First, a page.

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Working on reconciliation in the classroom

Indigenous advocate and writer, Niigaan Sinclair, provides local educators with important lessons on reconciliation.
Niigaan Sinclair
Niigaan Sinclair, an associate professor at the University of Manitoba and writer, gave a presentation about reconciliation and Indigenous issues to teachers and staff with the Lakehead Public School Board.

THUNDER BAY - Reconciliation in the classroom must go beyond a simple lesson about meaning or history, says a leading Indigenous advocate, writer, and educator.

“It’s not just about teaching a piece of Indigenous literature, although that is very important, it’s also about what goes on the walls, what songs we sing, who we hire, how community is involved, to graduation, to territorial acknowledgements that start out the day,” said Niigaan Sinclair, an associate professor at the University of Manitoba and writer during a presentation in Thunder Bay.

“Reconciliation has to live in all aspects of the school because Indigenous and non-Indigenous people are constantly interacting all throughout the elements of that school.”

Sinclair led a presentation on Wednesday for teachers and staff with the Lakehead Public School Board about Indigenous issues and reconciliation.

The presentation focused on how reconciliation can be offered through school curriculums, school culture, community involvement, and institutional planning.

According to Sinclair, there are failures in the education system, just as there are failures in other institutions in Canada, such as the justice system. He used the examples of the verdicts in the cases of Colten Boushie and Tina Fontaine, which sparked protests and marches across the country.

“Those are evidence to me of failures in Canada to understand situations that Indigenous people have been forcibly put into involving violence and genocide and things are continuing,” he said. “They are still happening to young women and women today, so yes, education has a lot of work to do.”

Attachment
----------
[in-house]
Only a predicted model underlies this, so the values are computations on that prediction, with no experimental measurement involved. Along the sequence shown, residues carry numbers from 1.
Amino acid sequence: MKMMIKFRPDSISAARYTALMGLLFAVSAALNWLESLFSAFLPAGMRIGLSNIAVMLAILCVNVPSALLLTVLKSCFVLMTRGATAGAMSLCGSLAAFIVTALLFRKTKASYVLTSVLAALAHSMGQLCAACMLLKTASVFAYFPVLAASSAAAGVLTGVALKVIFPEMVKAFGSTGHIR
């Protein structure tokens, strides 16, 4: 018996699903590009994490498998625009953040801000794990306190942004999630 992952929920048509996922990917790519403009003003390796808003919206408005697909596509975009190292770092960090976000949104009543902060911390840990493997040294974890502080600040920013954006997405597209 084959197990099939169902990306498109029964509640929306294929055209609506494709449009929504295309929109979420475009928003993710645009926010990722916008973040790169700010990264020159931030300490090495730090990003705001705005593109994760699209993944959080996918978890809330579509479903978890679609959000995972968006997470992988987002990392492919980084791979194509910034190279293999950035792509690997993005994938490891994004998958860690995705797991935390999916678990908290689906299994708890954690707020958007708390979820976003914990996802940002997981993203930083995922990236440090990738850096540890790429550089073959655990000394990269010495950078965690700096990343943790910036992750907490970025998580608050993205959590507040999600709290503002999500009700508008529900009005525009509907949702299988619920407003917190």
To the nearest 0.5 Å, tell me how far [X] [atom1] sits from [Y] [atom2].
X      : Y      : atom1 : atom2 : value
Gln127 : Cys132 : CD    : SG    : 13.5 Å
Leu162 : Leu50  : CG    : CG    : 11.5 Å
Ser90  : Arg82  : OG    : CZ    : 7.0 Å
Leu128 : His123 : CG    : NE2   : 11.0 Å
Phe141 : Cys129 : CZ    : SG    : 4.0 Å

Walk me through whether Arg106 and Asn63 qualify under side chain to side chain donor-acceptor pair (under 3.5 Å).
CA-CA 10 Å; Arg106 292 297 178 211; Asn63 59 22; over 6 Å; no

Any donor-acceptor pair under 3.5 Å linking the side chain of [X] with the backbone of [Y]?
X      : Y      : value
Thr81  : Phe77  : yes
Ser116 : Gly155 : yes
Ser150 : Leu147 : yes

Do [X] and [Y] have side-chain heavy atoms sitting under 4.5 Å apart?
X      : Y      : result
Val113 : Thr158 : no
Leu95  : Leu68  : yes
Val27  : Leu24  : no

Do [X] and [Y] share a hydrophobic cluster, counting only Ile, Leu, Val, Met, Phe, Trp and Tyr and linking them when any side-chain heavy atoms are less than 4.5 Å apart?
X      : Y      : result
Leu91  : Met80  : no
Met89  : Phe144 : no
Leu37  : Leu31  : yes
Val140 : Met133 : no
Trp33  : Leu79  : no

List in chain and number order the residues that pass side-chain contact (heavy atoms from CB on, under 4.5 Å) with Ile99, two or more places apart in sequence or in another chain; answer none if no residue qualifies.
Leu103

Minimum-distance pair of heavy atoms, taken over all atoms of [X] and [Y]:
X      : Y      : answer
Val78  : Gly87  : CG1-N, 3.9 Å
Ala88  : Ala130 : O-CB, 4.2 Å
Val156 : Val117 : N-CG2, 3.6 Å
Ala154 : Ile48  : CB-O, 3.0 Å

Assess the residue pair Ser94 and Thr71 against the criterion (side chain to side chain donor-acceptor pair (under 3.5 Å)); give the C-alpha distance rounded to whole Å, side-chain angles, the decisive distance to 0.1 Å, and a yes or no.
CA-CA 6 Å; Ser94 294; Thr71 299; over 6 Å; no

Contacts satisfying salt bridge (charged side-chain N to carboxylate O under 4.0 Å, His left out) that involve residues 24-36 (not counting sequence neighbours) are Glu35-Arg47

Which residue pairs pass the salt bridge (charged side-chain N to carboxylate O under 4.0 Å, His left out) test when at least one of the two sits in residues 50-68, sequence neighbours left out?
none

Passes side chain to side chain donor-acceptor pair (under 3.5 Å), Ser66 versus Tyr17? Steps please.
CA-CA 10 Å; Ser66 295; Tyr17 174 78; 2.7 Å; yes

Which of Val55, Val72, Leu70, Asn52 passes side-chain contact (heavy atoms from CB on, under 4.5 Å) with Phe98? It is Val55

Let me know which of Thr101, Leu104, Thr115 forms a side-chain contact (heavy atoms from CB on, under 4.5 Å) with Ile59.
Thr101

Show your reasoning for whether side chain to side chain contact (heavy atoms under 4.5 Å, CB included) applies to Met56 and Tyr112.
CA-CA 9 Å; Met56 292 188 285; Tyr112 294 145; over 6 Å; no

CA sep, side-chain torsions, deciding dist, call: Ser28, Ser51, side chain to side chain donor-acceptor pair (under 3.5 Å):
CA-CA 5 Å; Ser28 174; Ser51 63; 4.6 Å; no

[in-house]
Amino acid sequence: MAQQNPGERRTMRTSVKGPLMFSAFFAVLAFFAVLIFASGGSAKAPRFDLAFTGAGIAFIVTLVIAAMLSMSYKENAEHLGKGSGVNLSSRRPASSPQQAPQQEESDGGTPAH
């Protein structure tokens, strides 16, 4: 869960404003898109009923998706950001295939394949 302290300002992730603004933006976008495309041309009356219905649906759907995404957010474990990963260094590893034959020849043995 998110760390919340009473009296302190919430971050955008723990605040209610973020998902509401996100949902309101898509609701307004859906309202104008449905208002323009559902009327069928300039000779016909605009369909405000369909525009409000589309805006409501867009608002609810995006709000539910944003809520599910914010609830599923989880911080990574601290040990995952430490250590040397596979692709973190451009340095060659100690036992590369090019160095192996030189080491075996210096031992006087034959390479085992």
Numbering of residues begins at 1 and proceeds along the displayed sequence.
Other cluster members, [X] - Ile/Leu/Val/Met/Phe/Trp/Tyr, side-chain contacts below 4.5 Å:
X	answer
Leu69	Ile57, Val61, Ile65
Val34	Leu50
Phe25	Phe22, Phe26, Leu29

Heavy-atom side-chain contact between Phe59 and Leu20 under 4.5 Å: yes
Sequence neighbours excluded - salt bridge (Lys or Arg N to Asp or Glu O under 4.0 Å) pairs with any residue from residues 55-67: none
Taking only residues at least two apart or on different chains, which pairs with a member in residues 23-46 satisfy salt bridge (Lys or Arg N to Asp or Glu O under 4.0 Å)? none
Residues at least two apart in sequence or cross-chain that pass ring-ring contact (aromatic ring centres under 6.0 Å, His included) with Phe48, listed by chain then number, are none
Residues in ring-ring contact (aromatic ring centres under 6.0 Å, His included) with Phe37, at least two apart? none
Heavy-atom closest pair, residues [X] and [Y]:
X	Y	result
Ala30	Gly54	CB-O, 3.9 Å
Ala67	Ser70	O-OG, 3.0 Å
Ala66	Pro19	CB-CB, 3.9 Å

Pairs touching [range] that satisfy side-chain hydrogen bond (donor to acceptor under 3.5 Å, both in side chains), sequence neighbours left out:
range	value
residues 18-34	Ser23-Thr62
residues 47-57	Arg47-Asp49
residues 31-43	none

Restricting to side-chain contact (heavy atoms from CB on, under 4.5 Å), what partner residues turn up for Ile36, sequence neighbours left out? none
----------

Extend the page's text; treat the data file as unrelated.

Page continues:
In a city like Thunder Bay, like all cities across Canada, Sinclair said it is a duty of educators in the classroom to address issues of racism, discrimination, and violence.

“Educators have a responsibility to deal with reality, to prepare Canadians and Indigenous people for what is reality in our world and violence is a very deep reality in the Canada of today,” he said. “It is impossible to be an educator in Thunder Bay without engaging that issue. You would be doing a disservice to young people today who come out into communities and have this right in front of them.”

Jane Lower, student success lead for the Lakehead Public School Board, said she is very pleased to have Sinclair help build on what the school board is already doing to work towards reconciliation.

“We’ve done extensive work in building relationships with Indigenous students and their parents and community,” she said.

Lower said the schools already have student voice committees for Indigenous students, who lead by example and share with educators what they would like to see in local schools.

“We listen and respond to their voice and hopefully we are making improvements to all of our schools,” she said.

But the teachers still have a very important role to play and Sinclair said it is up to them to start students on the path of reconciliation, to share in the reality of the nation’s past, and discuss the issues that remain today.  

“For me, education must take it upon itself to engage those historical realities and say enough is enough,” Sinclair said. “Enough is enough of division, of violence, and of genocidal policies within this century. We need to change that and it’s going to start with educators in classrooms.”

Doug Diaczuk

About the Author: Doug Diaczuk

Doug Diaczuk is a reporter and award-winning author from Thunder Bay. He has a master’s degree in English from Lakehead University
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